Each action item will have an owner that will be responsible for creating a Github issue promptly after the meeting. This Github issue should be prioritized with the relevant PM/EM.


At Fleet, we consider an outage to be a situation where new features or previously stable features are broken or unusable.

  • Occurences of outages are tracked in the Outages spreadsheet.
  • Fleet encourages embracing the inevitability of mistakes and discourages blame games.
  • Fleet stresses the critical importance of avoiding outages because they make customers' lives worse instead of better.

Scaling Fleet

Fleet, as a Go server, scales horizontally very well. It’s not very CPU or memory intensive. However, there are some specific gotchas to be aware of when implementing new features. Visit our scaling Fleet page for tips on scaling Fleet as efficiently and effectively as possible.

Load testing

The load testing page outlines the process we use to load test Fleet, and contains the results of our semi-annual load test.

Version support

To provide the most accurate and efficient support, Fleet will only target fixes based on the latest released version. In the current version fixes, Fleet will not backport to older releases.

Community version supported for bug fixes: Latest version only

Community support for support/troubleshooting: Current major version

Premium version supported for bug fixes: Latest version only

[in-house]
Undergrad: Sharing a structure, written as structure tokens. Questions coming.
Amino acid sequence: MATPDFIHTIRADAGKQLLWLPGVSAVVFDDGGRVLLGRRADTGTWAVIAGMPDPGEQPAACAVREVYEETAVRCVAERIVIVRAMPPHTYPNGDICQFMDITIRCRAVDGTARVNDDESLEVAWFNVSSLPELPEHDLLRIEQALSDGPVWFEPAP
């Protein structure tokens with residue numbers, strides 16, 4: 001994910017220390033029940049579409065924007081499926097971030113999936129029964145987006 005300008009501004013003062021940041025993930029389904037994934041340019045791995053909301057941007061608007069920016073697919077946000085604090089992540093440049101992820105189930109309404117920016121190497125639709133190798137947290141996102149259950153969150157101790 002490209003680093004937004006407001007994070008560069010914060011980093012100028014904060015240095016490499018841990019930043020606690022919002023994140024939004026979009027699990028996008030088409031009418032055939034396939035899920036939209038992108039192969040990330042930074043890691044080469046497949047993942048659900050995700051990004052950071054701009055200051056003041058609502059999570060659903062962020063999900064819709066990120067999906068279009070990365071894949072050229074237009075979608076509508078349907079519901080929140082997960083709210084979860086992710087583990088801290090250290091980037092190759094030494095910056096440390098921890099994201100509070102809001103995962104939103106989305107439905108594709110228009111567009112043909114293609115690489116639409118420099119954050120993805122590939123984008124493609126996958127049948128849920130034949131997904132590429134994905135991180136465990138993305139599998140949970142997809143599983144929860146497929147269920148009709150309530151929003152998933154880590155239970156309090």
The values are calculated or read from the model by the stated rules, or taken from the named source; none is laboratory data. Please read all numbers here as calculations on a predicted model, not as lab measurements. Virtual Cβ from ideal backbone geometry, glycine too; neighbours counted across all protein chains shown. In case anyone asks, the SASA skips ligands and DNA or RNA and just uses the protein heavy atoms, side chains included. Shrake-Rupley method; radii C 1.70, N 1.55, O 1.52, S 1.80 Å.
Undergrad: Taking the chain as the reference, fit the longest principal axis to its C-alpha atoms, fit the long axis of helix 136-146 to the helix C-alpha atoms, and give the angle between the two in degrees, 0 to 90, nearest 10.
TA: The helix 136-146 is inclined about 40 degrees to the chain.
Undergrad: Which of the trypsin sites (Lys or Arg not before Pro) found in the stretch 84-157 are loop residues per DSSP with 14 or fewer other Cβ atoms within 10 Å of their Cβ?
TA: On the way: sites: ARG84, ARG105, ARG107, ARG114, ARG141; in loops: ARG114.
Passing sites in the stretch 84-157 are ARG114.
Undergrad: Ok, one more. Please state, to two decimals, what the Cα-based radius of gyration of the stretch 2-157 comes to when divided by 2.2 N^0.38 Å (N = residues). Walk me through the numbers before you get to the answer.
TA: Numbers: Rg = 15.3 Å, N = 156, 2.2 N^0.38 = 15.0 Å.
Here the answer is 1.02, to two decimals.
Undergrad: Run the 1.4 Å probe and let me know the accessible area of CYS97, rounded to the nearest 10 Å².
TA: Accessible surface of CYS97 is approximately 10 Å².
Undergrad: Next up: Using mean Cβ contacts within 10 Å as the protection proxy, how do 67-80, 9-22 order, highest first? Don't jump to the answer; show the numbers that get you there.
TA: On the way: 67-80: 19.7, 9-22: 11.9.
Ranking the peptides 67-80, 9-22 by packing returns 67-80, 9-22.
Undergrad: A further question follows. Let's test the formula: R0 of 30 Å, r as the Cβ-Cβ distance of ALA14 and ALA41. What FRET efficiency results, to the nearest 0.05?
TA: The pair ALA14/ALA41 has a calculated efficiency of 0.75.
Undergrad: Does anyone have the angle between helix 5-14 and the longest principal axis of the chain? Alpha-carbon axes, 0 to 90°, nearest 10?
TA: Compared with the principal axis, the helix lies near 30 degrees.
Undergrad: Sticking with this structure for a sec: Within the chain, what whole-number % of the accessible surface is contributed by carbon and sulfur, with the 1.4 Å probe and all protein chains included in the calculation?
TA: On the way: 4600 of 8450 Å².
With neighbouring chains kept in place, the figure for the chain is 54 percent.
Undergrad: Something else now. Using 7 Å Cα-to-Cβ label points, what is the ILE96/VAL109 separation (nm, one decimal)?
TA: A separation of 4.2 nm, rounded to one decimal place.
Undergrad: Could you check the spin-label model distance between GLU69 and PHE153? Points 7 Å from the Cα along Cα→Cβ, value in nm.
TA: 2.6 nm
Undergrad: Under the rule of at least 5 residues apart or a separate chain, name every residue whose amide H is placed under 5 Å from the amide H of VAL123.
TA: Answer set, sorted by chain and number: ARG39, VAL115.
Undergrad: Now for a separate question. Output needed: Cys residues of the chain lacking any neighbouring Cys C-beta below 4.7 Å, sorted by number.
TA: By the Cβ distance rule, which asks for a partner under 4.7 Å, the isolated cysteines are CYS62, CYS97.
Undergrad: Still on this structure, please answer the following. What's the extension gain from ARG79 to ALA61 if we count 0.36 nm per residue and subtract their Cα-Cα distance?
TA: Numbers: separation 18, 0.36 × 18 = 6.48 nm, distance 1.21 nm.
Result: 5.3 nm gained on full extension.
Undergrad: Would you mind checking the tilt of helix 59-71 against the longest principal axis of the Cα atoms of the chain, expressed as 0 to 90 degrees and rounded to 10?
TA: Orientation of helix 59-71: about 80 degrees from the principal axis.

Premium support for support/troubleshooting: All versions

Reviewing PRs from the community

If you're assigned a community pull request for review, it is important to keep things moving for the contributor. The goal is to not go more than one business day without following up with the contributor.

A PR should be merged if:

  • It's a change that is needed and useful.
  • The CI is passing.
  • Tests are in place.
  • Documentation is updated.
  • Changes file is created.

For PRs that aren't ready to merge:

  • Thank the contributor for their hard work and explain why we can't merge the changes yet.
  • Encourage the contributor to reach out in the #fleet channel of osquery Slack to get help from the rest of the community.
  • Offer code review and coaching to help get the PR ready to go (see note below).
  • Keep an eye out for any updates or responses.
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Sometimes (typically for Fleet customers), a Fleet team member may add tests and make any necessary changes to merge the PR.

If everything is good to go, approve the review.

For PRs that will not be merged:

  • Thank the contributor for their effort and explain why the changes won't be merged.